MRI uses strong magnetic fields to align spinning atomic nuclei (usually hydrogen protons) within body tissues, then uses a radio signal to disturb the axis of rotation of these nuclei, and observes the radio frequency signal generated as the nuclei return to their baseline states.
MRI scans give the best soft tissue contrast of all the imaging modalities. With advances in scanning speed and spatial resolution, and improvements in computer 3D algorithms and hardware, MRI has great potential for development in the next few years. One disadvantage is that the patient has to hold still for long periods of time in a noisy, cramped space while the imaging is performed. Recent improvements in magnet design like wider, shorter magnet bores and more open magnet designs, have brought some relief for claustrophobic patients.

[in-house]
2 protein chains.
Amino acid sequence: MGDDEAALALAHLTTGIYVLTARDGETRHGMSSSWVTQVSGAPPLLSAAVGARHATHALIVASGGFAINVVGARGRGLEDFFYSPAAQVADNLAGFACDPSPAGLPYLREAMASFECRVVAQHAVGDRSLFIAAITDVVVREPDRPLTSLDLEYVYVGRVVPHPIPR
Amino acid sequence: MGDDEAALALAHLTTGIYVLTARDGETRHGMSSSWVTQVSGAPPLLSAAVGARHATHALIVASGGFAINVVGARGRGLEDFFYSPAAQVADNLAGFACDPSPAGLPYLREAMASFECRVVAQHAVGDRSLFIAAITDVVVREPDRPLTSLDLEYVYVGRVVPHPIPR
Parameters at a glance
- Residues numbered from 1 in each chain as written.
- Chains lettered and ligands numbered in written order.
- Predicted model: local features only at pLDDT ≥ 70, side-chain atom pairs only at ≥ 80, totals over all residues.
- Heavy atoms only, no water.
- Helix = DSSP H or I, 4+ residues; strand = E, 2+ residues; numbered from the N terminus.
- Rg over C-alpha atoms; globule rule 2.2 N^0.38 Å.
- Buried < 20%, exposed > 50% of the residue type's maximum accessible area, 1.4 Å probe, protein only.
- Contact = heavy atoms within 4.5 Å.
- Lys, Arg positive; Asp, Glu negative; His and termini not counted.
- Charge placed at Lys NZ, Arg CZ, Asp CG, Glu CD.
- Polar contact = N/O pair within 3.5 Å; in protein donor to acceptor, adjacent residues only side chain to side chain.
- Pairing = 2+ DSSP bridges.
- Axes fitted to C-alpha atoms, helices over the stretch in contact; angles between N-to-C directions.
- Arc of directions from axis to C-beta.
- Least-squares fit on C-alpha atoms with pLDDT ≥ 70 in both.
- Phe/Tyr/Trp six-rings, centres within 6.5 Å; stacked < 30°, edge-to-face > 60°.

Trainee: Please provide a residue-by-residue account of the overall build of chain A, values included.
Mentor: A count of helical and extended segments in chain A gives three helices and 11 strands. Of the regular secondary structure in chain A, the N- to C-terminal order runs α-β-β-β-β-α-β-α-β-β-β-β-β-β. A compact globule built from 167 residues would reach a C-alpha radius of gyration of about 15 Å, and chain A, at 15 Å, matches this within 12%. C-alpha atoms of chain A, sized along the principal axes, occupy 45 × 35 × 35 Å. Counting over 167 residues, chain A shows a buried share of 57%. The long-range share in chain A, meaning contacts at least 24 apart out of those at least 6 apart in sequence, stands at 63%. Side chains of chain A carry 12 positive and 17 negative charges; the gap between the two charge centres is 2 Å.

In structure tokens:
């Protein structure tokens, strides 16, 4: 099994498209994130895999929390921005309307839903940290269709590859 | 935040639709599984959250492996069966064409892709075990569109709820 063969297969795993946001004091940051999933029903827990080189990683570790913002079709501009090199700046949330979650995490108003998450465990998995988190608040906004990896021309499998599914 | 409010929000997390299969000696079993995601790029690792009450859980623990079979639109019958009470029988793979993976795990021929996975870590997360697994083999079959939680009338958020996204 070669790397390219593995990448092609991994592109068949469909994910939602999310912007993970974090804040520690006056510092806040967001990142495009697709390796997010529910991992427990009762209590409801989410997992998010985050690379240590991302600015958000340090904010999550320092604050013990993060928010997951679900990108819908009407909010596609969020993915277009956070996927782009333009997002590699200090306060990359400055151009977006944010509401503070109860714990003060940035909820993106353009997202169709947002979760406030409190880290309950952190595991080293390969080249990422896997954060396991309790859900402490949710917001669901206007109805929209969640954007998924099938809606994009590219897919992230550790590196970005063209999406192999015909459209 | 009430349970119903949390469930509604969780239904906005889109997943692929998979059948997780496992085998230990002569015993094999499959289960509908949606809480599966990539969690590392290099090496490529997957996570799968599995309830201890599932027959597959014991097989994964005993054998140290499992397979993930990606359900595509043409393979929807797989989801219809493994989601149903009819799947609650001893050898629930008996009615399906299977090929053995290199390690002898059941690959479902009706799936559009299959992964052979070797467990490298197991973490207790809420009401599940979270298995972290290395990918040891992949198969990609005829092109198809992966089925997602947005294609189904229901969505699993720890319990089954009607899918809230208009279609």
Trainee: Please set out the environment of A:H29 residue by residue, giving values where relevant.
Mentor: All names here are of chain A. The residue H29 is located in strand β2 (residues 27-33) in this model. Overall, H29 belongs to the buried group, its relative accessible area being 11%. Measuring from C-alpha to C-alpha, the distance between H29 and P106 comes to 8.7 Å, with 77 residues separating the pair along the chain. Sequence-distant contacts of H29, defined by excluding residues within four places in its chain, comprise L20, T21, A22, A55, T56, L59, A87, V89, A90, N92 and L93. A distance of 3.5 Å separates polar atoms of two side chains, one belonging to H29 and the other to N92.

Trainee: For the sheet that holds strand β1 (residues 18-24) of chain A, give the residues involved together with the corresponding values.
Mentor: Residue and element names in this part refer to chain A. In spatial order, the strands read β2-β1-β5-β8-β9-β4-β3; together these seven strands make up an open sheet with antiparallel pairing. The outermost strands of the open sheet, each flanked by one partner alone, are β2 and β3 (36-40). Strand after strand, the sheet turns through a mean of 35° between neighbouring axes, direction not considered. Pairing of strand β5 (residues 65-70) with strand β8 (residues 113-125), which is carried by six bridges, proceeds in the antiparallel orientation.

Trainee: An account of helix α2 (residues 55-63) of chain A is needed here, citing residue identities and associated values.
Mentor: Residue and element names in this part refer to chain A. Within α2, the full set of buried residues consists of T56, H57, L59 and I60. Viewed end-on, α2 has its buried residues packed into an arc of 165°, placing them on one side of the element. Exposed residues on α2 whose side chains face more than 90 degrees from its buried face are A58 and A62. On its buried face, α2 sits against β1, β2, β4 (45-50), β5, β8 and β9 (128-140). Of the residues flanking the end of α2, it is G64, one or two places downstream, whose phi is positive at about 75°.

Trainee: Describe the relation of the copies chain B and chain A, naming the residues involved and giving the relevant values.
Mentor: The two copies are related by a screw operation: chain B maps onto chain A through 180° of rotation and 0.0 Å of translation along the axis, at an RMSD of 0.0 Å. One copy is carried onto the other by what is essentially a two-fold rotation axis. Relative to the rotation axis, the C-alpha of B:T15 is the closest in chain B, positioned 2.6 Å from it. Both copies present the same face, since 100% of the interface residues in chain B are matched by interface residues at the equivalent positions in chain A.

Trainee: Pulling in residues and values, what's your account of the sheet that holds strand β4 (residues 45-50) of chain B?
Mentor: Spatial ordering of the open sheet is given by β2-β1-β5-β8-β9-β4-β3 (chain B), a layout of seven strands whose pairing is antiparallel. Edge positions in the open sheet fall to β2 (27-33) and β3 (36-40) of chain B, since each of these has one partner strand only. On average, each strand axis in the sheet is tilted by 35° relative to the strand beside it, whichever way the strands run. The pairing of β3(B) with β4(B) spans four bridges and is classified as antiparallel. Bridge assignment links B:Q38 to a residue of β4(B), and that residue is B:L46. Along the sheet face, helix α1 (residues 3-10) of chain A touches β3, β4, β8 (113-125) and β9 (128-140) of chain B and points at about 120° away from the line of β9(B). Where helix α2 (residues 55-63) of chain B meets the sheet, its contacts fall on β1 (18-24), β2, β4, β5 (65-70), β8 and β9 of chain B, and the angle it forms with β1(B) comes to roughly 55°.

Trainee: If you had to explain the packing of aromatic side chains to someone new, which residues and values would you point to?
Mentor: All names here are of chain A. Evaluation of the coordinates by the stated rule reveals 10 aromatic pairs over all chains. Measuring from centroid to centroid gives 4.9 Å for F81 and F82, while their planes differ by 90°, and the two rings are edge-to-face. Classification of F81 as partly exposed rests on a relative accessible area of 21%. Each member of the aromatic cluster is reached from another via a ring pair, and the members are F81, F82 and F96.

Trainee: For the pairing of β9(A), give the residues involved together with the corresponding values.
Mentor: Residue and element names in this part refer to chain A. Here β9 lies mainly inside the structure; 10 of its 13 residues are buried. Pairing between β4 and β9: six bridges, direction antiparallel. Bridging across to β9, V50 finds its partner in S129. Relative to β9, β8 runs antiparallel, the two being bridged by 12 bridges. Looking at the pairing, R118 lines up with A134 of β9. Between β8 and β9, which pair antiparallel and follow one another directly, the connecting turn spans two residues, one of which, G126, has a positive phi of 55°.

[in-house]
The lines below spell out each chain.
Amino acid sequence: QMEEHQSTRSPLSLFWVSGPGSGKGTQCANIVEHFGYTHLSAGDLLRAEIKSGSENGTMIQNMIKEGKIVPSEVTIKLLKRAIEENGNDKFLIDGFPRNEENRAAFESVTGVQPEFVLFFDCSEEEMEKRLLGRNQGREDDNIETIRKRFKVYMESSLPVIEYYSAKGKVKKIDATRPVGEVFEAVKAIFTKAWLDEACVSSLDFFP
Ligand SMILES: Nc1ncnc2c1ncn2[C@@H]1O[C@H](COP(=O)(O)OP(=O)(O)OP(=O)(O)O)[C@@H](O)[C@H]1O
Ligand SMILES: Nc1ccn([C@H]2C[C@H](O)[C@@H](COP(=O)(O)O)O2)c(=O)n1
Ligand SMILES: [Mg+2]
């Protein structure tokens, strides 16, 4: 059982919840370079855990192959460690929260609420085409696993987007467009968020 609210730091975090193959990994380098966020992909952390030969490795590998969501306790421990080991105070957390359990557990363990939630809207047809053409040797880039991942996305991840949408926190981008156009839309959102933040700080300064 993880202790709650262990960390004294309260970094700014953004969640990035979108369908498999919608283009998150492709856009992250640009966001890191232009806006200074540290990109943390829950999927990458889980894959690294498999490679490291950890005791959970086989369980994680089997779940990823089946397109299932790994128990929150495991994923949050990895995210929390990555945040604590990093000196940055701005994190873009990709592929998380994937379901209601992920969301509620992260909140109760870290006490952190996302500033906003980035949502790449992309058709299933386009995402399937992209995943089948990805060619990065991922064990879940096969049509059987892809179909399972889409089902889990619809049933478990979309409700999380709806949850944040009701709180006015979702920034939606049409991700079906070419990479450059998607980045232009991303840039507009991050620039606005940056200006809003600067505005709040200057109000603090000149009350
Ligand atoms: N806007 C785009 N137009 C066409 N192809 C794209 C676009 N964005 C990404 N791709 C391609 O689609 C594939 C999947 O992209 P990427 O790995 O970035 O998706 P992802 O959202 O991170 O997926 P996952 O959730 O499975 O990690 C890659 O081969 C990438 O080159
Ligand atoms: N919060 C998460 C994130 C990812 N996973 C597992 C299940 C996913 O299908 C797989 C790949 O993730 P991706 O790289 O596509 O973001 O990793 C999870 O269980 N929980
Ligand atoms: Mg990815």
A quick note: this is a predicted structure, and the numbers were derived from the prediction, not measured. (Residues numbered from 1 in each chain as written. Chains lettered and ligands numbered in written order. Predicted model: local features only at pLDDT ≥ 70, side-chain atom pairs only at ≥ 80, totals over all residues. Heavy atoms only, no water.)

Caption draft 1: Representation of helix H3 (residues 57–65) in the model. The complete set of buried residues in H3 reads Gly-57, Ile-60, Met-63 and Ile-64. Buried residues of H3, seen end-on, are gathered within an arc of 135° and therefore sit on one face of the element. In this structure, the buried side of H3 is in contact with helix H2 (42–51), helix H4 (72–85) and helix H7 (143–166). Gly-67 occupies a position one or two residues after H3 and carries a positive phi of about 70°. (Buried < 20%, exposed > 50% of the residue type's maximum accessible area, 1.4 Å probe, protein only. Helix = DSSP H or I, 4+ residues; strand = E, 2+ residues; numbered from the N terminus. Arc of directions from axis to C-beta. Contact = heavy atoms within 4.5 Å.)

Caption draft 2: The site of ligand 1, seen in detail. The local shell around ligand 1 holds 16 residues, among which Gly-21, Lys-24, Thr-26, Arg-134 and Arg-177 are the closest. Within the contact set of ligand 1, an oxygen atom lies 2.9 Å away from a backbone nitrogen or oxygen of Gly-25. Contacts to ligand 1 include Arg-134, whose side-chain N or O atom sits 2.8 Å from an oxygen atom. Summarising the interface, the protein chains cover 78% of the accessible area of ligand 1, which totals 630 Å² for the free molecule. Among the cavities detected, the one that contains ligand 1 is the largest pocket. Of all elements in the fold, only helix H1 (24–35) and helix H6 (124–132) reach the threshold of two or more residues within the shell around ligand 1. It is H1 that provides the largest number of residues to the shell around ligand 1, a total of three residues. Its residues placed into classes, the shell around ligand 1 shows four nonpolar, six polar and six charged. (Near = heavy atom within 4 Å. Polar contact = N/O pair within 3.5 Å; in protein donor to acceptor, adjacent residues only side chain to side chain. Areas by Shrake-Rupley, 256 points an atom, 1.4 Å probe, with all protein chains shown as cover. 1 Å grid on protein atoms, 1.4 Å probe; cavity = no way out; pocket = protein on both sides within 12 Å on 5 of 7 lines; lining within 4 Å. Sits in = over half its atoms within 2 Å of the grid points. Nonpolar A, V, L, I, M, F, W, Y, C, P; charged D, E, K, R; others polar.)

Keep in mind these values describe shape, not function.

MRI has great benefit in imaging the brain, spine, and musculoskeletal system. The modality can be contraindicated for patients with pacemakers, certain types of cerebral aneurysmal clips or metallic hardware due to the strong magnetic fields. Areas of potential advancement include functional imaging, cardiovascular MRI, as well as MR image guided therapy.
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